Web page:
wherein,

a=initial weight of the sample, and

b=final weight of the sample.

EXAMPLE 1 Preparation of poly 2-Hydroxyethyl Methacrylate in Ethanol Recipe (1807 Gram Batch)

Reactor Charge
2-Hydroxyethyl Methacrylate (Mitsubishi) 540 grams
Ethanol 1080 grams
Benzoyl peroxide 2.7 grams
Cook-Off initiator #1
Ethanol 60 grams
2,2′-azobis(2,4-dimethylpentanenitrile)* 1.4 grams
Cook-Off initiator #2
Ethanol 60 grams
2,2′-azobis(2,4-dimethylpentanenitrile)* 1.4 grams
Cook-Off initiator #3
Ethanol 60 grams
2,2′-azobis(2,4-dimethylpentanenitrile)* 1.4 grams
*VAZO ®52 (2,2′-azobis(2,4-dimethylpentanenitrile) (Dupont; Wilmington, Delaware)

Procedure

1. The Reactor Charge was weighed out into a flask and poured into a reaction kettle with mixing, and was heated with an 80° C. jacket and a N2 purge kettle.

2. The Cook-Off initiator #1 (Ethanol and VAZO®52) was weighed into a small beaker and mixed until the solids dissolved.

3. Three and one-half hours after the addition of the Reactor Charge, Cook-Off initiator #1 was added to the kettle.

4. The Cook-Off initiator #2 (Ethanol and VAZO®52) was weighed into a small beaker and mixed until the solids dissolved.

5. One hour after the addition of Cook-Off initiator #1, Cook-Off initiator #2 was added to the kettle.

6. The Cook-Off initiator #3 (Ethanol and VAZO®52) was weighed into a small beaker and mixed until the solids dissolved.

7. One hour after the addition of Cook-Off initiator #2, Cook-Off initiator #3 was added to the kettle.

8. One hour after the addition of Cook-Off initiator #3, the kettle contents were cooled and discharged.

The polymeric product synthesized in Example No. 1, above, exhibited the following properties:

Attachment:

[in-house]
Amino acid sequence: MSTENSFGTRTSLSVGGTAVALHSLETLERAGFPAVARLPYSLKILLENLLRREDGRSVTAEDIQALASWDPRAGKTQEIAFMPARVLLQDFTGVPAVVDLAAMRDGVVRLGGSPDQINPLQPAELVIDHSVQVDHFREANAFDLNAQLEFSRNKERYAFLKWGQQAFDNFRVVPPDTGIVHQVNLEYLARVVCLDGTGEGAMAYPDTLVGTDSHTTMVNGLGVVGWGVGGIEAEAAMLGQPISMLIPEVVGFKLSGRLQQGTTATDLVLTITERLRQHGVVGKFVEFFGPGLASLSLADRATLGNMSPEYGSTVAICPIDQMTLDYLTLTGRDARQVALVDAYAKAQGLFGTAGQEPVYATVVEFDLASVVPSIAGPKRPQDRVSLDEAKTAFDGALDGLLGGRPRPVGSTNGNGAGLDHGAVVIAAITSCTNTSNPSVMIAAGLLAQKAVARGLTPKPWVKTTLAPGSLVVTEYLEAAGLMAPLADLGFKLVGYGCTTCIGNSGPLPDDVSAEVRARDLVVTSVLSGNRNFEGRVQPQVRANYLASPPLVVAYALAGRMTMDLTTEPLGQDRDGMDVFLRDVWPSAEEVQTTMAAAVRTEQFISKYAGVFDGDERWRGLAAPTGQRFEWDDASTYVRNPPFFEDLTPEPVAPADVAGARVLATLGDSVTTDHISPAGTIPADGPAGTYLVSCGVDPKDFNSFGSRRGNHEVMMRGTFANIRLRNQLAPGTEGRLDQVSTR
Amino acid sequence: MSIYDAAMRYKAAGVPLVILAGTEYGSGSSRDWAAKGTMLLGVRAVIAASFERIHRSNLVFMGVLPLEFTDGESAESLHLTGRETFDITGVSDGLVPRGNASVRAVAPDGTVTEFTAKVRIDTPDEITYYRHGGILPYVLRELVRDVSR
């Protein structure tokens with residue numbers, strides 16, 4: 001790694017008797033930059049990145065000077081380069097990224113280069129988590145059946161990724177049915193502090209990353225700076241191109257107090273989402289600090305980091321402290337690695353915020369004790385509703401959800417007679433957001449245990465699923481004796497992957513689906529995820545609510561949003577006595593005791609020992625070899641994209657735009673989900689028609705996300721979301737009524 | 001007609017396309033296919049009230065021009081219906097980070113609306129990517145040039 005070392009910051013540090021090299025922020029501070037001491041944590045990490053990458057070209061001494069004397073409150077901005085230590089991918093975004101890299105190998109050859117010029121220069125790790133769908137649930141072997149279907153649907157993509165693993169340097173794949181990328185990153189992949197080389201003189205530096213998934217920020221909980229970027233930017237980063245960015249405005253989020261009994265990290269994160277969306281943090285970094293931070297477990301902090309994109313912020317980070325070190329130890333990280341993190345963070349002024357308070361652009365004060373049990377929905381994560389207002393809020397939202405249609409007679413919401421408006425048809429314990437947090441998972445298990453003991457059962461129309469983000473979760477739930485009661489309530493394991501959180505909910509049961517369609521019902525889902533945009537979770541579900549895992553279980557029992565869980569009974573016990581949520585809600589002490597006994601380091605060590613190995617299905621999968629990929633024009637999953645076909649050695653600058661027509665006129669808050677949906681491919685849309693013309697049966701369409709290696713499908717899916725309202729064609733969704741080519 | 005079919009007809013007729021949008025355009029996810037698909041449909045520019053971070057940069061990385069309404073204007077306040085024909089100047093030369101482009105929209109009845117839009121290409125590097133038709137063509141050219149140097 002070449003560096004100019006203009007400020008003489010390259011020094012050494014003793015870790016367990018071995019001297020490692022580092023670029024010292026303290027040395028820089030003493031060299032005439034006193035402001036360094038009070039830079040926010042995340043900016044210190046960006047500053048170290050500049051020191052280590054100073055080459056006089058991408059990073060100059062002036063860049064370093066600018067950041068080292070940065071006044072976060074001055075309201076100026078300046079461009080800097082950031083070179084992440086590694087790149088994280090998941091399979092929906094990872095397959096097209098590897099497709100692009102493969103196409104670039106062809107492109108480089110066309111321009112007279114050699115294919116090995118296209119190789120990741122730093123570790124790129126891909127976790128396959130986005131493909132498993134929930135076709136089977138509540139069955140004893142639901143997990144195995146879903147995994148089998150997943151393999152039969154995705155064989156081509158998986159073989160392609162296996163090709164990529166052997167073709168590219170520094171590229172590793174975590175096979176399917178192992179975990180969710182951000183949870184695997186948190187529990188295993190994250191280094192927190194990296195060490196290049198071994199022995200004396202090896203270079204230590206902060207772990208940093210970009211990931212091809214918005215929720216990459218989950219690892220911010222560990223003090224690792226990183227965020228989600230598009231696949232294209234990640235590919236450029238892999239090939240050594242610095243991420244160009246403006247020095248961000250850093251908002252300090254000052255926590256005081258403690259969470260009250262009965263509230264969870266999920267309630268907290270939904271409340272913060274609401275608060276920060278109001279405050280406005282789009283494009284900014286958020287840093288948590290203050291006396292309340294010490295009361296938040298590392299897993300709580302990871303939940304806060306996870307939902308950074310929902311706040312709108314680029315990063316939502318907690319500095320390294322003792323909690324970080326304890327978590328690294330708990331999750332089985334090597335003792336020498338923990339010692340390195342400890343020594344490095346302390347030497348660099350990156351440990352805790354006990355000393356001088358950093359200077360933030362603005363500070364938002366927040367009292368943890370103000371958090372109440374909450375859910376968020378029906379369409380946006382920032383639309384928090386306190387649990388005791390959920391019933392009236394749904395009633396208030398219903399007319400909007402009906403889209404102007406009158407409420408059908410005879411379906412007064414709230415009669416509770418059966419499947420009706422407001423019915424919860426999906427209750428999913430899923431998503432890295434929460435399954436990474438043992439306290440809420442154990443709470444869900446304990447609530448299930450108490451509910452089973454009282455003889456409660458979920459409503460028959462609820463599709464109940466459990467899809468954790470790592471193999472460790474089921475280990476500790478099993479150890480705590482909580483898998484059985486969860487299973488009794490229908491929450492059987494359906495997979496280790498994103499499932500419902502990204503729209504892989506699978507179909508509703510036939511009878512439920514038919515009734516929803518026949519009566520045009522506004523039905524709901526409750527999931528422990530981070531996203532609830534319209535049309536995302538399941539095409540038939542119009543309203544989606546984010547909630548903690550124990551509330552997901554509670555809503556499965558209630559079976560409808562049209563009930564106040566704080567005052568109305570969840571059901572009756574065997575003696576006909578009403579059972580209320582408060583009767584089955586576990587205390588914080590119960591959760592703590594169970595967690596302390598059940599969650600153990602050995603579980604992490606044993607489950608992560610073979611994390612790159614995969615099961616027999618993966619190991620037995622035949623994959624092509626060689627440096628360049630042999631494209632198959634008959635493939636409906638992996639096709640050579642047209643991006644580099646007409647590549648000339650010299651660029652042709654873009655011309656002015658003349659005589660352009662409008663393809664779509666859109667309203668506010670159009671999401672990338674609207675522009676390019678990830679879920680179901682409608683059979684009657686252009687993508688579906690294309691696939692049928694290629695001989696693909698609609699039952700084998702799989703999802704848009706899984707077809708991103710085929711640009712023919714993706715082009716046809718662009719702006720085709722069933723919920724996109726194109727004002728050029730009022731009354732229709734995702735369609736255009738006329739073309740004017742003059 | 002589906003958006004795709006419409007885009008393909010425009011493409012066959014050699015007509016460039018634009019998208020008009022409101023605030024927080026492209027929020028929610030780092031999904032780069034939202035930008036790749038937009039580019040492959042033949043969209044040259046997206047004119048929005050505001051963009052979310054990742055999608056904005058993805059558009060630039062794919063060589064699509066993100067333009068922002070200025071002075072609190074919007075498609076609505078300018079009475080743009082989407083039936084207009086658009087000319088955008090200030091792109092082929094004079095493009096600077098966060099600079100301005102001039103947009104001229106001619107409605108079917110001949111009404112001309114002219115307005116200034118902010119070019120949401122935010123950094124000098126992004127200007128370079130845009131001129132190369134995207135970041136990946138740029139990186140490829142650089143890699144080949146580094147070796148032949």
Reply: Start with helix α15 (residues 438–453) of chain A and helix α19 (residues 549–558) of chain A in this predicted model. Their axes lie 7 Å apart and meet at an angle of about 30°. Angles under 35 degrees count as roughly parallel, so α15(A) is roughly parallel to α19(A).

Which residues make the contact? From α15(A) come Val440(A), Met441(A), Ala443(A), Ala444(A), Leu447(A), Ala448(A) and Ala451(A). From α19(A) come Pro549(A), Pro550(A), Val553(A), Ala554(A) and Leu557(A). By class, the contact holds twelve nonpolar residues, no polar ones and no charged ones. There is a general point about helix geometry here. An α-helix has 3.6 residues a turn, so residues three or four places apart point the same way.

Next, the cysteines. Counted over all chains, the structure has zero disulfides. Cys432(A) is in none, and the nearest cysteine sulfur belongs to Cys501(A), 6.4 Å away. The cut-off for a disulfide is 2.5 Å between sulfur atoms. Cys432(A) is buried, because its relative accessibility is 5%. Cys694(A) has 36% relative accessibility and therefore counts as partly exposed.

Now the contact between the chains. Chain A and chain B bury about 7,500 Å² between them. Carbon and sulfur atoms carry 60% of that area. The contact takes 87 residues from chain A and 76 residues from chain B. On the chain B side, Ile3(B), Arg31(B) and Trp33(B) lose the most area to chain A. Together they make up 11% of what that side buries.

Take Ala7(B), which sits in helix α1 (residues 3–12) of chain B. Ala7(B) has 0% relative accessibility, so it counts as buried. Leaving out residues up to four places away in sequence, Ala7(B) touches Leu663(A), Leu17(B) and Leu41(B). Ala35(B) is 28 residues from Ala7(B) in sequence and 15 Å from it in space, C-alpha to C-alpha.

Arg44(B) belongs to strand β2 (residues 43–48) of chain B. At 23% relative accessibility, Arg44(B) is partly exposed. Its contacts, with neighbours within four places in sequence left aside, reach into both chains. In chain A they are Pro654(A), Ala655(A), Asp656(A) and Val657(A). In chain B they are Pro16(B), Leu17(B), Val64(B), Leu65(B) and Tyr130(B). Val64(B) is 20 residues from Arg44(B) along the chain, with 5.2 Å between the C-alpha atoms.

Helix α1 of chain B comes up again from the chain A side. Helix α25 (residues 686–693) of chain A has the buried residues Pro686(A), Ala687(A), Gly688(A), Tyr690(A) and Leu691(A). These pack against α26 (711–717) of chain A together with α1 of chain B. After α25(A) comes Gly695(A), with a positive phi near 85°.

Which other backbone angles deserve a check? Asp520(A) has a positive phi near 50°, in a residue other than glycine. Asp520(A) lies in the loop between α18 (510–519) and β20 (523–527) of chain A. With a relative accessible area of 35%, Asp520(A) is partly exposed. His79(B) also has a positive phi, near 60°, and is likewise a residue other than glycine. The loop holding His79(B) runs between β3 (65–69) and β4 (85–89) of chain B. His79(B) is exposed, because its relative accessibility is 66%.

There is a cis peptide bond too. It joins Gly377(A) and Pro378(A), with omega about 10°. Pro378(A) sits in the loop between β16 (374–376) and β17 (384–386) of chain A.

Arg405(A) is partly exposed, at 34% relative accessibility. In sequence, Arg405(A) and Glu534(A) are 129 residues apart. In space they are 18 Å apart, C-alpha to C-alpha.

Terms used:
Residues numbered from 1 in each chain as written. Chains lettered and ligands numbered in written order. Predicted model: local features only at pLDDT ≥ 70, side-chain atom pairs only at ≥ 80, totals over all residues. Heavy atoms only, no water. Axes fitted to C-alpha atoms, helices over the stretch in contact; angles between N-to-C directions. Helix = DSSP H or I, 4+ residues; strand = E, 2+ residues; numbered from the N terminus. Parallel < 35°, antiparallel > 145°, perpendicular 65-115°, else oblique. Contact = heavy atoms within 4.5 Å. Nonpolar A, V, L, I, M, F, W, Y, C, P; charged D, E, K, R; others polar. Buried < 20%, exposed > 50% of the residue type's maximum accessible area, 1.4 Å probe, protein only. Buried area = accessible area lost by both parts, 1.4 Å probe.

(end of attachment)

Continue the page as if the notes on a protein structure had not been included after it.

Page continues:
Appearance: clear to light-yellow gel-free liquid

Solids: 30.5%

Viscosity: 8,700 cPs

Residual monomer: HEMA, 0.95%

Molecular weight: 483K, PD 6.1

The appearance of the polymeric product in this example was determined utilizing a visual test looking at the clarity and color of the polymeric product. The presence of any gel in the polymeric product was determined by pouring a thin film of the product and visually inspecting for any particulate.

The percent solids in the polymeric product was measured by accurately weighing a small aluminum dish, then accurately weighing about 1 gram of wet polymer sample. The aluminum dish with the sample was dried under an infrared lamp for about 15 minutes. The aluminum dish with the dried sample was cooled and then accurately reweighed. The weight of the dried sample divided by the wet sample multiplied by 100 is the percent total solids in the sample.

The viscosity of the polymeric product was measured under ambient conditions (23-25° C.) with a Brookfield LV Viscometer using an appropriate spindle and speed for the measured viscosity. The viscosity units are centipoise, cPs.

The molecular weight of the polymeric product was measured using Gel Permeation Chromatography (GPC) in methanol with polyethylene glycol standards.

The protocols described hereinabove that were used to measure and evaluate the appearance, percent solids, viscosity and molecular weight of the polymeric product of Example No. 1 apply to all of the representative homopolymer and copolymer products produced according to the present invention, unless specifically indicated.

Example Nos. 2-6 are representative poly 2-hydroxyethyl methacrylates prepared in ethanol according to the present invention with 2-hydroxyethyl methacrylate monomers having alkylene glycol methacrylate impurities less than 3%, and wherein the alkylene glycol methacrylate impurities comprise ethylene glycol dimethacrylate impurities are between 0.05 and 0.1% by weight, and are compared to Comparative Example Nos. 7 and 8, which are poly 2-hydroxyethyl methacrylates prepared with 2-hydroxyethyl methacrylate monomers having alkylene glycol methacrylate impurities less than 3% and with ethylene glycol dimethacrylate greater than 0.15%. As Table I shows, substantially gel-free hydrophilic poly 2-hydroxyethyl methacrylates can be synthesized in ethanol. The poly 2-hydroxyethyl methacrylates can achieve molecular weights, Mw (weight average molecular weight), from about 176,000 to about 1,000,000, molecular weights, Mn (number average molecular weight), from about 59,000 to about 250,000, solids contents of about 30 weight percent, and a viscosity of about 1000 to about 100,000 cPs.

TABLE I
Synthesis of Poly 2-hydroxyethyl methacrylate in Ethanol